Fibromyalgia ? What is it?
Fibromyalgia (FM) or Fibromyalgia Syndrome (FMS) is a little known condition, which affects a large number of people.
It is in fact a musculoskeletal disorder, causing pain and/or fatigue. Fibromyalgia literally means pain in the fibrous tissues of the body.
The affects of Fibromyalgia can vary from person to person and from time to time. The cause is still unknown, but it is a chronic condition, which has a serious impact on peoples lives, upon sufferers lives, and on the lives of their families.
There is no effective cure, although some sufferers respond better than others with treatment. It can be very unpredictable.
Although many sufferers develop Fibromyalgia “spontaneously” (i.e. without any obvious trigger) many sufferers as a result of traumatic injury, or severe psychological stress.
It is a much misunderstood condition, and any sufferer who has contracted the condition as a result of traumatic injury, should ideally be sure that their lawyer has a fair degree of knowledge and understanding of the condition, be experienced in handling such cases, and has suitable skill and experience to handle a complex injury claim.
If we represent you in connection with a claim causing Fibromyalgia, we will endeavour to ensure that you have the best advice from consultant rheumatologists and/or pain specialists, and in certain cases expert opinion and/or advice from a psychologist or psychiatrist, with specialist interest in pain conditions.
Other Chronic Pain Conditions
There are many different conditions which fall under the title of “chronic pain”, including Fibromyalgia which is dealt with under a separate notation.
The word “chronic” means a condition which persists for a considerable period of time, perhaps indefinitely, as opposed to “acute”, which is a pain that lasts for any (relatively) short period of time. Chronic pain conditions can arise as a result of many different causes, and have many different effects. Diagnosis may vary between doctors.
However, a chronic pain condition generally speaking one which lasts beyond six months, can be aggravated by underlying conditions such as arthritis, stress, etc, and which can be caused by physical injury, or at least triggered by it. There are often strong psychological symptoms (such as depression) as well. Diagnosis such as Chronic Pain Syndrome (CPS), Causalgia, Reflex Sympathetic Dystrophy (RSD), Post Traumatic Syndrome (PTS), Sudeck’s Atrophy and various other conditions can be triggered by trauma.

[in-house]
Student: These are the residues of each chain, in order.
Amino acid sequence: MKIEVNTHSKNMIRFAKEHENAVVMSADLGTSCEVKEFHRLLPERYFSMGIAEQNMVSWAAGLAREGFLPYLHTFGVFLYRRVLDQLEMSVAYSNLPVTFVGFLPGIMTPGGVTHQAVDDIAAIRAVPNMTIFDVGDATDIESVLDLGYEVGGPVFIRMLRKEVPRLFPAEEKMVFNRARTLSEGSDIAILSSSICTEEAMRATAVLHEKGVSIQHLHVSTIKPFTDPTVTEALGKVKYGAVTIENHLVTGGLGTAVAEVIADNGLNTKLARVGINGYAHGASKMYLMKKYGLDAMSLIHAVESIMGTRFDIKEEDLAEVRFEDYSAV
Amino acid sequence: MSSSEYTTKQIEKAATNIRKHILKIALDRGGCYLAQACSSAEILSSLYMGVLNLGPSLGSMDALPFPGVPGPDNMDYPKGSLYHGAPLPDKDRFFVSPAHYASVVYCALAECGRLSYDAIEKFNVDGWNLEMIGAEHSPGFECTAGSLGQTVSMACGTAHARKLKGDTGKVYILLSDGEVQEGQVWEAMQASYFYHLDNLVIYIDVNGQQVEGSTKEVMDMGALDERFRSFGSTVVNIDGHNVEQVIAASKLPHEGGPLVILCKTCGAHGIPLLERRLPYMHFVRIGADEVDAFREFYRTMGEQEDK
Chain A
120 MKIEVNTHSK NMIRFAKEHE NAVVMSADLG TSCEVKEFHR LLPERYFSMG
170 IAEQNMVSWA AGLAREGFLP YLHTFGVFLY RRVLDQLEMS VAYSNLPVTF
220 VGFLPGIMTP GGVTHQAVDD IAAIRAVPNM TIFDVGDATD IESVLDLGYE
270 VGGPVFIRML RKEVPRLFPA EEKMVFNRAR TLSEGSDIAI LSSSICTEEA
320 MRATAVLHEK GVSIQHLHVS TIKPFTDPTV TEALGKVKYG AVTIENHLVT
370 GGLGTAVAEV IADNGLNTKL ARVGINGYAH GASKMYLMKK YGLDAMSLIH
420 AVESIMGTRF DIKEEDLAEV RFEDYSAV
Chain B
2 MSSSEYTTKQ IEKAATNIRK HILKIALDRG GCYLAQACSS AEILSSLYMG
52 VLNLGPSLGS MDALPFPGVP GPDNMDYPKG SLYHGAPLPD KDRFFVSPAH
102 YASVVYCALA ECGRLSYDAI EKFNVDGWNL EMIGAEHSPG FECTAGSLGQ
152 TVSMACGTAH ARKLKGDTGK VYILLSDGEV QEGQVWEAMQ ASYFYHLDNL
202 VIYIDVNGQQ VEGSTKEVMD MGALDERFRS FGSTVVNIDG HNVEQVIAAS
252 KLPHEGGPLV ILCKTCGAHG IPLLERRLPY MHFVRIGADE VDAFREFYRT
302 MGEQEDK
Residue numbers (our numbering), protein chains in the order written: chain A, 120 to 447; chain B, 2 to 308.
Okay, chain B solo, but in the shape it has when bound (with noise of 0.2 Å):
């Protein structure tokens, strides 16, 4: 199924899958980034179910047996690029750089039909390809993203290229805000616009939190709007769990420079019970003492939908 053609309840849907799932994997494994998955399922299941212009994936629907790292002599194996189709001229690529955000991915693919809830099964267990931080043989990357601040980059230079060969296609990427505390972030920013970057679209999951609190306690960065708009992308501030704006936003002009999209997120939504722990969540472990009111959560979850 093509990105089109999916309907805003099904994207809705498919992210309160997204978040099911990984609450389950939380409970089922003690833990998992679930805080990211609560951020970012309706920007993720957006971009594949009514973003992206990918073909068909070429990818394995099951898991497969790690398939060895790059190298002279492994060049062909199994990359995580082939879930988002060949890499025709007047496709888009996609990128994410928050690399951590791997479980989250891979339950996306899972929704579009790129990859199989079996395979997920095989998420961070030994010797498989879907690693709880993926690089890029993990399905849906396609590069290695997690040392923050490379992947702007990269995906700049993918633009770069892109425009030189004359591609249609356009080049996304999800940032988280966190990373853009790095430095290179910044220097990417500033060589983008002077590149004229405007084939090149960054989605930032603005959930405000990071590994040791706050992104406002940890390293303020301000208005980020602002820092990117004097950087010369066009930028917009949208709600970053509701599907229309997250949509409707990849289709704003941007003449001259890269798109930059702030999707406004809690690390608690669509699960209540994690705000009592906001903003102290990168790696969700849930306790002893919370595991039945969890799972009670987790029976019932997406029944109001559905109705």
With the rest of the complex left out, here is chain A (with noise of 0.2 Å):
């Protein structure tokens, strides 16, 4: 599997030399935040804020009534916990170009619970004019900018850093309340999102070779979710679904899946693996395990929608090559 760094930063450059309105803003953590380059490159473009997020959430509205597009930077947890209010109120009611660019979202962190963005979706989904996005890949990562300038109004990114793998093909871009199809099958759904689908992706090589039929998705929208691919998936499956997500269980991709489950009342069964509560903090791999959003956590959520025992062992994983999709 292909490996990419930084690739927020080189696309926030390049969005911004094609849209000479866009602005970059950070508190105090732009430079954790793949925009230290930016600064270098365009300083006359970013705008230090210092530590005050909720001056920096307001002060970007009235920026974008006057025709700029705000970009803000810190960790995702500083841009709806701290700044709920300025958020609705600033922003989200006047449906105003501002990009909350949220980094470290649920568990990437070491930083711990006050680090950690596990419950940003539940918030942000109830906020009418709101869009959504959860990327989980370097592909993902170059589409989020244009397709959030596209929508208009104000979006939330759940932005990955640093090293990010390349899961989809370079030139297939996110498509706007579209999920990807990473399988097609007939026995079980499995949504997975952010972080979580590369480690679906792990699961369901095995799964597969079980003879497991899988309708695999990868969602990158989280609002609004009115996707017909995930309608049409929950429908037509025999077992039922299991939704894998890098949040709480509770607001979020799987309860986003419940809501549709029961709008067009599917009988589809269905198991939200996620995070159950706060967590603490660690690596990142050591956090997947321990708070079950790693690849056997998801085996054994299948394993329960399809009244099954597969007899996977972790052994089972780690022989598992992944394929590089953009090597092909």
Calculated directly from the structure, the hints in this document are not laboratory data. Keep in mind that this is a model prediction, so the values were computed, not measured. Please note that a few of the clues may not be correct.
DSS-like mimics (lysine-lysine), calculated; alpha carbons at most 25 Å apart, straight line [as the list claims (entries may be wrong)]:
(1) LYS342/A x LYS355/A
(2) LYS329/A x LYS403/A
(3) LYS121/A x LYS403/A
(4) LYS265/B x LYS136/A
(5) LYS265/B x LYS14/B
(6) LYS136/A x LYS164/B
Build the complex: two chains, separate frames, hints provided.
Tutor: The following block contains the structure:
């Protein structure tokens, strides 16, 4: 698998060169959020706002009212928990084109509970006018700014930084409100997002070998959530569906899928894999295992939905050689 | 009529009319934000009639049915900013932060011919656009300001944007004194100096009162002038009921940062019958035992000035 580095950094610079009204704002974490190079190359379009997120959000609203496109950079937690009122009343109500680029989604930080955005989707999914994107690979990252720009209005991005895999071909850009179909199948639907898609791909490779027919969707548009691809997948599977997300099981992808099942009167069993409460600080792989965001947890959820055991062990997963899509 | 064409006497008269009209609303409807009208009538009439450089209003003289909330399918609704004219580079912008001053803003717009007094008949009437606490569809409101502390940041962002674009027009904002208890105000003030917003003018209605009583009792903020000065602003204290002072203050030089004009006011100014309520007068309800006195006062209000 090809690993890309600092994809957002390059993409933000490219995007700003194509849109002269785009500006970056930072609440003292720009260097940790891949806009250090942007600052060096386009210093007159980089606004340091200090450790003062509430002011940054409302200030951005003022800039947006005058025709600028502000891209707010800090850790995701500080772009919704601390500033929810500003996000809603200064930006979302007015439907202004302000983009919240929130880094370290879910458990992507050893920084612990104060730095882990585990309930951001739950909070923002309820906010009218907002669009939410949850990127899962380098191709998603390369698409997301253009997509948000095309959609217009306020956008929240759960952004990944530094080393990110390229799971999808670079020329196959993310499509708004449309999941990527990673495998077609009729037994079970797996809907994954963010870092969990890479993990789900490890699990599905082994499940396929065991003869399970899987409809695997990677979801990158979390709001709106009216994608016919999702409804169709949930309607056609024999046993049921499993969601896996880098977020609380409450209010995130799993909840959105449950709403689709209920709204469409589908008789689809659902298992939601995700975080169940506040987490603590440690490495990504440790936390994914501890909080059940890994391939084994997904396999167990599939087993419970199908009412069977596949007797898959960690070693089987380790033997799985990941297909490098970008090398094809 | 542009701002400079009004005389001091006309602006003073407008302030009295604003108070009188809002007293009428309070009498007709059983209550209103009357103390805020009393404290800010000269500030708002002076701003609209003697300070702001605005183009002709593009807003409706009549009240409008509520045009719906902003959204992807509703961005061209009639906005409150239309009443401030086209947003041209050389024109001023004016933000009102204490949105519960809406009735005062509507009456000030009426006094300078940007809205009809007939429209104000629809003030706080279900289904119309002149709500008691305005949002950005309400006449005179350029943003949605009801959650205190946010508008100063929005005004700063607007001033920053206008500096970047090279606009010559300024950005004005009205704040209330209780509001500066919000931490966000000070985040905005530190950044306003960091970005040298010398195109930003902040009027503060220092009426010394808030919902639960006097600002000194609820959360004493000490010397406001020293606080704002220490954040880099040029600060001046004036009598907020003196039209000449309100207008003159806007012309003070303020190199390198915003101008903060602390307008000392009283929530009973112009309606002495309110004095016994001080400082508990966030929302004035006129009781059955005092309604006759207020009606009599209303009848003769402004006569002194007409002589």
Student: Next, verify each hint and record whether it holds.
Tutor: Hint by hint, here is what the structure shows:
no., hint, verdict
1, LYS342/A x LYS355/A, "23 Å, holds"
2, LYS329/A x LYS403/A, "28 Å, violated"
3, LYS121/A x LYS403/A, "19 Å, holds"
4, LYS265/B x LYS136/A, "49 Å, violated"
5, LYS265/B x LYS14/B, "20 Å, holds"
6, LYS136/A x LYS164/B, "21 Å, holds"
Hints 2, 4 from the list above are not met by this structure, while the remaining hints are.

Such conditions may be difficult not only for the medical team, but also for the lawyer. Therefore, you need to ensure that the person representing your claim has good knowledge and understanding of the effect of this condition; how debilitating it can be; and know suitable experts in the different fields, not only to maximise your legal entitlement by way of a claim for damages, but also (and perhaps even more importantly) to ensure that you have the best advice and recommendations including access to appropriate and experienced experts.
Chronic Fatigue or Chronic Fatigue Syndrome (CFS) may occur as a result of trauma, and can be very debilitating. Often, the condition may arise due to a medical condition (for example a viral condition) and chronic fatigue can also be a symptom linked to other conditions, such as Fibromyalgia, chronic pain conditions (see above); head or a neurological injury; or a psychiatric condition. There are however rare cases where this is not so, and such rare cases need to be handled by an experienced representative in this field.
Psychological/psychiatric disorders (including Post-traumatic Stress disorder)
Accidents may not only be physically very painful, they can have serious and sometimes life changing impact upon the victim.
Whereas a broken leg for example can usually be easily diagnosed and treated, and a full and swift recovery generally expected, that is not the case necessarily with a psychological or psychiatric reaction to injury.